The issue of debt and how it affects our lives is becoming more and more urgent. The "Austerity" model has been the prevalent European economic policies of recent years led by the "German model". Elettra Stimilli draws upon contemporary philosophy, psychology and theology to argue that austerity is built on the idea that we somehow deserve to be punished and need to experience guilt in order to take full account of our economic sins. Following thinkers such as Max Weber, Walter Benjamin and Michel Foucault, Debt and Guilt provides a startling examination of the relationship between contemporary politics and economics and how we structure our inner lives.
The first English translation of Debito e Colpa, this book provokes new ways of thinking about how we experience both debt and guilt in contemporary society.
Elettra Stimilli is Assistant Professor in the Department of Philosophy at the Sapienza University of Rome, Italy. She is the author of Jacob Taubes (2004) and The Debt of the Living (2017) and the editor of Italian Critical Thought (2018). Stefania Porcelli is Associate Professor in Comparative Literature, CUNY, USA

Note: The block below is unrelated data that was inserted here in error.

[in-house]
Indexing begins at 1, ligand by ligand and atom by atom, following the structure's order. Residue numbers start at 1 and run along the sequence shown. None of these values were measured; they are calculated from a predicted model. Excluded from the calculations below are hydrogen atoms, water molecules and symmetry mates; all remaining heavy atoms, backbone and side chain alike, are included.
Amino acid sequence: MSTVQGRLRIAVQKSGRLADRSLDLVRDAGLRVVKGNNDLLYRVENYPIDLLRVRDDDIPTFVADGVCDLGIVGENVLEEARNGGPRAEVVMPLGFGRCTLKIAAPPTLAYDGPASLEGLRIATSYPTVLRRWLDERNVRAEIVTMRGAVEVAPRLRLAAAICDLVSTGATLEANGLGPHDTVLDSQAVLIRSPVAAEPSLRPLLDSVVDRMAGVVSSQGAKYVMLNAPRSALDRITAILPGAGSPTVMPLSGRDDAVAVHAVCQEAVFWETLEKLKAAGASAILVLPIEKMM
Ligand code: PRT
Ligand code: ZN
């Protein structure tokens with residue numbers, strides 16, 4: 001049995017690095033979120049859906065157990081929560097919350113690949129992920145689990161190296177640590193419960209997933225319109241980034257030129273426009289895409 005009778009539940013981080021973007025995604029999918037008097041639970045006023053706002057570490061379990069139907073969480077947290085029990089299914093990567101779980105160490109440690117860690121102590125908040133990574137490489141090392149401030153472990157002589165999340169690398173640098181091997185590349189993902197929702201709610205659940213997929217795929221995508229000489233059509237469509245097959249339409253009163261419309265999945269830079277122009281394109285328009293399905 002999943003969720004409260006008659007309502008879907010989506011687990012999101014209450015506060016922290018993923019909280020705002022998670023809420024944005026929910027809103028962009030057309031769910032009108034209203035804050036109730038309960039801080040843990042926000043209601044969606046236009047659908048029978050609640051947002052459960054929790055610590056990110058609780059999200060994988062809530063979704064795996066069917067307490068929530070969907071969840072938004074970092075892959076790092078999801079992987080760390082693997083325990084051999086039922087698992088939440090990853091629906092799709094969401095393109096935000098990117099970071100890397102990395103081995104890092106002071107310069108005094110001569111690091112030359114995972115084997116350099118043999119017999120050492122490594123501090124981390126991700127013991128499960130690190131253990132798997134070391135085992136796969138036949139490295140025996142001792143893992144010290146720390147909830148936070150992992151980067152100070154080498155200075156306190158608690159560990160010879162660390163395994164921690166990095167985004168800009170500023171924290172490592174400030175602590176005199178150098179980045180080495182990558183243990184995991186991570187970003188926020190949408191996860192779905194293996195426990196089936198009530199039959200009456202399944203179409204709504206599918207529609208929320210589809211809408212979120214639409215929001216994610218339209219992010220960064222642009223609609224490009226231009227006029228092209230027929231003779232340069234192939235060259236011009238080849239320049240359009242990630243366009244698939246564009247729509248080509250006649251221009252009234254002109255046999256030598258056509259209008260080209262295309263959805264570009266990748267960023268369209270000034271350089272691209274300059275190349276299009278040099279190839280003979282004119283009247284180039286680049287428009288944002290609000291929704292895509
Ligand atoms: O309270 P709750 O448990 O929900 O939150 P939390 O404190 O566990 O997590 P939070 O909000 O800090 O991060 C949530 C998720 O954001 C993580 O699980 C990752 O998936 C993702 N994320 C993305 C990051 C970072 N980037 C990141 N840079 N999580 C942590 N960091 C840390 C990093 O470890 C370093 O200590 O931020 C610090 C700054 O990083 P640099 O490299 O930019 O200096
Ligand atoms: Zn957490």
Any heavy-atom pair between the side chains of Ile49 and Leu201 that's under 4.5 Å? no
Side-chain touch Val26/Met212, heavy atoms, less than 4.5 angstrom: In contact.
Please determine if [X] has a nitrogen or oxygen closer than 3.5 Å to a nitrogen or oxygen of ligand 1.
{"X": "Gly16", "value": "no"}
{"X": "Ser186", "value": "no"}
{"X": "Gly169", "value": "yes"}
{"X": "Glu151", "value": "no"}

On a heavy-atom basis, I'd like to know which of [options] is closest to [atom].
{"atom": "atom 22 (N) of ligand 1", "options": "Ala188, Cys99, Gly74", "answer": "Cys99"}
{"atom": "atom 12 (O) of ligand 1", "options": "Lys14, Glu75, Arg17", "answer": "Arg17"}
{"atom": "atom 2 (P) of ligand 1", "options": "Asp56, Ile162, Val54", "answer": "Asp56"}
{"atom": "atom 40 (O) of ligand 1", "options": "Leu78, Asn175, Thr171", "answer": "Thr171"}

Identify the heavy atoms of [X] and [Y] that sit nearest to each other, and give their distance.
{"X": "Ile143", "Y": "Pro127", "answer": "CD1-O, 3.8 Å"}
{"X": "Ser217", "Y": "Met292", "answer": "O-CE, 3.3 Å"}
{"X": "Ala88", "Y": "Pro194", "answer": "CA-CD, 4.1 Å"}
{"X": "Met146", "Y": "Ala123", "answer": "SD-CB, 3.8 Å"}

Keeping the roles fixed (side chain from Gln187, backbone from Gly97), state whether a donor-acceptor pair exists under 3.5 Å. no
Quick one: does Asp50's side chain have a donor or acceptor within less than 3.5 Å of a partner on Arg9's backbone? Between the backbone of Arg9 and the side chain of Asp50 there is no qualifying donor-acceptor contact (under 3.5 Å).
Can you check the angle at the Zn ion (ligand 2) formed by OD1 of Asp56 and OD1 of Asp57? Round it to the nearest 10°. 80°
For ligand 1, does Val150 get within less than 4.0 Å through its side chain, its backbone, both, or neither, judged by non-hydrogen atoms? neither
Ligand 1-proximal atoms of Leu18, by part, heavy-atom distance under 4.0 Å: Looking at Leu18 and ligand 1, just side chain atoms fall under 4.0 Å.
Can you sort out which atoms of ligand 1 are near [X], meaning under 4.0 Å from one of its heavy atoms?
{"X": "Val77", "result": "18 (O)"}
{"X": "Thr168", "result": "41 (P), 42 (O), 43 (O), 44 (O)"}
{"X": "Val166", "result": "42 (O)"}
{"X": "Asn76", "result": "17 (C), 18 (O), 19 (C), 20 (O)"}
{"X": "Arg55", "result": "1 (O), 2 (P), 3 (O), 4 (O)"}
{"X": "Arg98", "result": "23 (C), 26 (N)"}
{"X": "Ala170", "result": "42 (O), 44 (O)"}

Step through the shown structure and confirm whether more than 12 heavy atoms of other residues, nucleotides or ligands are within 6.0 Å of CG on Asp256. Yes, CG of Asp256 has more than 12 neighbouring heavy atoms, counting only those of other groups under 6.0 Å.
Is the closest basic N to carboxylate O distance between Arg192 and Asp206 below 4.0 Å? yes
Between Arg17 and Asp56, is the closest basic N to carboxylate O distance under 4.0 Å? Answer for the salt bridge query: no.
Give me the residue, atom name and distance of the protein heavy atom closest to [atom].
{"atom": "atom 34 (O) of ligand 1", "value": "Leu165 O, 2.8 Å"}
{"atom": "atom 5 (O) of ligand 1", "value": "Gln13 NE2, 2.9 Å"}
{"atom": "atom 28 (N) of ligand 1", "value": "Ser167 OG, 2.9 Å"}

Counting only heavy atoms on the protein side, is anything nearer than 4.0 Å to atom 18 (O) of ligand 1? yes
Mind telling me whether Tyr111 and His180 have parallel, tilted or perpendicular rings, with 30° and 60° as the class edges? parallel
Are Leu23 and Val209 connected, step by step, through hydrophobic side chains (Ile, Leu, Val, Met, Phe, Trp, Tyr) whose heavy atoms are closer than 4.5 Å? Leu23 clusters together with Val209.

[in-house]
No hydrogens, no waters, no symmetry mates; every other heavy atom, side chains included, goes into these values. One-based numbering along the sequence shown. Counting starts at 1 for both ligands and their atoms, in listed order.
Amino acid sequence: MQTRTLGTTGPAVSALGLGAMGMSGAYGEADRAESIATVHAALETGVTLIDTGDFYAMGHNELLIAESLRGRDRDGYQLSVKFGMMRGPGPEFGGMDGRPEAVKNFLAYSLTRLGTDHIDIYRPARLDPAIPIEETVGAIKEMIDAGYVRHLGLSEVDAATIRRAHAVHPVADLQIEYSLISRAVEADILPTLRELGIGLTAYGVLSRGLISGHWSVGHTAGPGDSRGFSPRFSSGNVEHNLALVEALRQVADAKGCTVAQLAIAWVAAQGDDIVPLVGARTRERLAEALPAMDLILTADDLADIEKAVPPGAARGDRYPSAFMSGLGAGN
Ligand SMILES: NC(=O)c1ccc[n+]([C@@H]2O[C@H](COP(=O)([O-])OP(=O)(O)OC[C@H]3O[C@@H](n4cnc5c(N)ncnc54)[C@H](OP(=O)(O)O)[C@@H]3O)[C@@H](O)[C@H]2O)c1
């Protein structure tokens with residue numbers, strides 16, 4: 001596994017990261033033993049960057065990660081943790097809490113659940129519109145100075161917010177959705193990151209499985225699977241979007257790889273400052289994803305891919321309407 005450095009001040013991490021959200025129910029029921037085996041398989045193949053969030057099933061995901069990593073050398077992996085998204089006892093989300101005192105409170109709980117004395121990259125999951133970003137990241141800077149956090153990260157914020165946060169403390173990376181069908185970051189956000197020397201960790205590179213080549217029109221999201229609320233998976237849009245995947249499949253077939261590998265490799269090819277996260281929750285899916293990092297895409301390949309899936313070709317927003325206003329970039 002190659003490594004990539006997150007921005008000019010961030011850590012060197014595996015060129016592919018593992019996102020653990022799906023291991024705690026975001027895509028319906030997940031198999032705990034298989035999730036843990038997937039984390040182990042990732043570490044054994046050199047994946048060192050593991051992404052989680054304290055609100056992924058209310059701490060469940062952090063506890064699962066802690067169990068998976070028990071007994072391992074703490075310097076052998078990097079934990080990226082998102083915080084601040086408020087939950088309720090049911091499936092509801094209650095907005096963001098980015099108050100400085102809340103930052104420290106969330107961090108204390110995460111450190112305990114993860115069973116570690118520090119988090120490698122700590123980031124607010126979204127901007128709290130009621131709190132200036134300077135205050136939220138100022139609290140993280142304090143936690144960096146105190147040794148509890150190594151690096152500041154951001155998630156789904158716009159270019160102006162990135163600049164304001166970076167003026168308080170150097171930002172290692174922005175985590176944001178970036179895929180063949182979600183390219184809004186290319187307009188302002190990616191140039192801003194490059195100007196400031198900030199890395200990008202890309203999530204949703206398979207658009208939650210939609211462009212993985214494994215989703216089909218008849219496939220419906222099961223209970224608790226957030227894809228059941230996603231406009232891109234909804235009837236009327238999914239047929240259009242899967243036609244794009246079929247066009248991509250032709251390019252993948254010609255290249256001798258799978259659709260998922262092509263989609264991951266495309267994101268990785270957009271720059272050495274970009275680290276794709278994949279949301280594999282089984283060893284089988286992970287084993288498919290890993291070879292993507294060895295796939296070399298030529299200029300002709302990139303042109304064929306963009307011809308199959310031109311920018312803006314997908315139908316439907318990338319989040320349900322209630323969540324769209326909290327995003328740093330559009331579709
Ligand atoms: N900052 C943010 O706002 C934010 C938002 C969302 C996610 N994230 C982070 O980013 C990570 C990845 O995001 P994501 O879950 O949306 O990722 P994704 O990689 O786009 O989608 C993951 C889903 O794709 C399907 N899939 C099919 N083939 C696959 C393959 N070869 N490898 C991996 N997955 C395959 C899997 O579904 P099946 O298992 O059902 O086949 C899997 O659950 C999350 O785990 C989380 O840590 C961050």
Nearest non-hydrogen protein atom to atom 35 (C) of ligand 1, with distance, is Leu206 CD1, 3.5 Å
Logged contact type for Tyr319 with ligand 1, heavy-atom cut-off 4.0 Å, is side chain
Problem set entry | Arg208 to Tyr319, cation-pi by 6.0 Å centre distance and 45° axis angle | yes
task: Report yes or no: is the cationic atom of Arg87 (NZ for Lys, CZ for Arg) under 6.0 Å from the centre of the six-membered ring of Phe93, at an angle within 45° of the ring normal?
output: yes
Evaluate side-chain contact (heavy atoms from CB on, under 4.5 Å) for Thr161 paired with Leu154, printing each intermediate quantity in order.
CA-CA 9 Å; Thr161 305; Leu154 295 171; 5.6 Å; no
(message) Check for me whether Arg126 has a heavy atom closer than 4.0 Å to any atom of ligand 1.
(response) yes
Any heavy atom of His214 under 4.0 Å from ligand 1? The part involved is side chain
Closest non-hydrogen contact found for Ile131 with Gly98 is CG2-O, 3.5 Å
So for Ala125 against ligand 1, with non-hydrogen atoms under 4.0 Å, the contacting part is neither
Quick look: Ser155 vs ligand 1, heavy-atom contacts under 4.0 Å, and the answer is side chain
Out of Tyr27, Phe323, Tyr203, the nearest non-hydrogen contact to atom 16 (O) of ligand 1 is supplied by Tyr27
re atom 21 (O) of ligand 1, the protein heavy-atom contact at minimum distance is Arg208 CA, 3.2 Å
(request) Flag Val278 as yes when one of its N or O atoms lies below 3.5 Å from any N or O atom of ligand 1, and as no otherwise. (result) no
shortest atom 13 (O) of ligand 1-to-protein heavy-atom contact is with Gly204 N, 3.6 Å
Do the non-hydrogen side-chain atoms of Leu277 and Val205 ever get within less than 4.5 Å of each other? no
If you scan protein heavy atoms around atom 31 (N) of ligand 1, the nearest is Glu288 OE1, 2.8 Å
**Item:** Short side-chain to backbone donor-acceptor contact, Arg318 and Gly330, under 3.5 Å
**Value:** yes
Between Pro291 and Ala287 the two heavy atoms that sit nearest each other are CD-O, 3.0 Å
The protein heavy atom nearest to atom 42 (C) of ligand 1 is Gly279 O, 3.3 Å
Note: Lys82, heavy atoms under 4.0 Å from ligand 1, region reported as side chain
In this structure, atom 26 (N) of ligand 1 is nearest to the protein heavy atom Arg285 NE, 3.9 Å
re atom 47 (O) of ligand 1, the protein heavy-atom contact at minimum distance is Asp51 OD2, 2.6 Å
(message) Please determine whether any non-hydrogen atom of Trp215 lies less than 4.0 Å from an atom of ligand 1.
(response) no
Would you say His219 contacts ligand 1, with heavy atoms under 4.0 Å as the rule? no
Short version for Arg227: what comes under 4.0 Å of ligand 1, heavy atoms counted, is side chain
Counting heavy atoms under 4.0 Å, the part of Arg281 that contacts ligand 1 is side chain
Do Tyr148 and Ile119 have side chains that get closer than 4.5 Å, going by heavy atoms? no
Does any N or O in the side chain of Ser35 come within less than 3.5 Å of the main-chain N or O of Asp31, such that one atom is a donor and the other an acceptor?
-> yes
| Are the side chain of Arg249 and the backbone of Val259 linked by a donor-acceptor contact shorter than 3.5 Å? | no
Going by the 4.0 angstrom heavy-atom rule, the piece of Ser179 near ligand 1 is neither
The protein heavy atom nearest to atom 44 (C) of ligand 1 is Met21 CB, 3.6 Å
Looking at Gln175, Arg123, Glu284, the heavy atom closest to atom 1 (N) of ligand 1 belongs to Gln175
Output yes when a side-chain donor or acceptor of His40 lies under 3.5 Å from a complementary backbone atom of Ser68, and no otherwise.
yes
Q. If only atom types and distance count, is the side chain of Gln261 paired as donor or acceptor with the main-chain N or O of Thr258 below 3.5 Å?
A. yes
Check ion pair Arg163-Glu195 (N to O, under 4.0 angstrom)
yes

Introduction Chapter One: Debt: Between Appropriation, Exchange, and Gift 1. The Problematic Context 2. Appropriation 3. Exchange 4. Gift Chapter Two: An Open Question 1. The Neoliberal Turn 2. The Society of Generalized Debt 3. The Paradigm of Man in Debt Chapter Three: Between Political Theology and Economic Theology 1. Beyond the Boundaries of Economic Science 2. Religion, Politics, and Economics 3. "Faith" in the Era of the Predominance of Finance 4. Debt and Sacrifice 5. Guilt and Violence: At the Origin of Juridical Power Chapter Four: The Religion of Debt 1. Bare Life and the Law 2. Capitalism: A Cult with no Theology 3. Economy and Regulatory Experimentation 4. The Invention of Oikonomia 5. Debt as Investment Chapter Five: The Psychic Life of Debt 1. The Guilt of Being in Debt 2. Establishing the Rule: Psychic Dimension and Social Sphere 3. Feminism and Neoliberalism 4. The Mystery of Guilt and the Psychic Life of Power 5. Envisioning New Ways of Assuming Power Conclusions Bibliography Index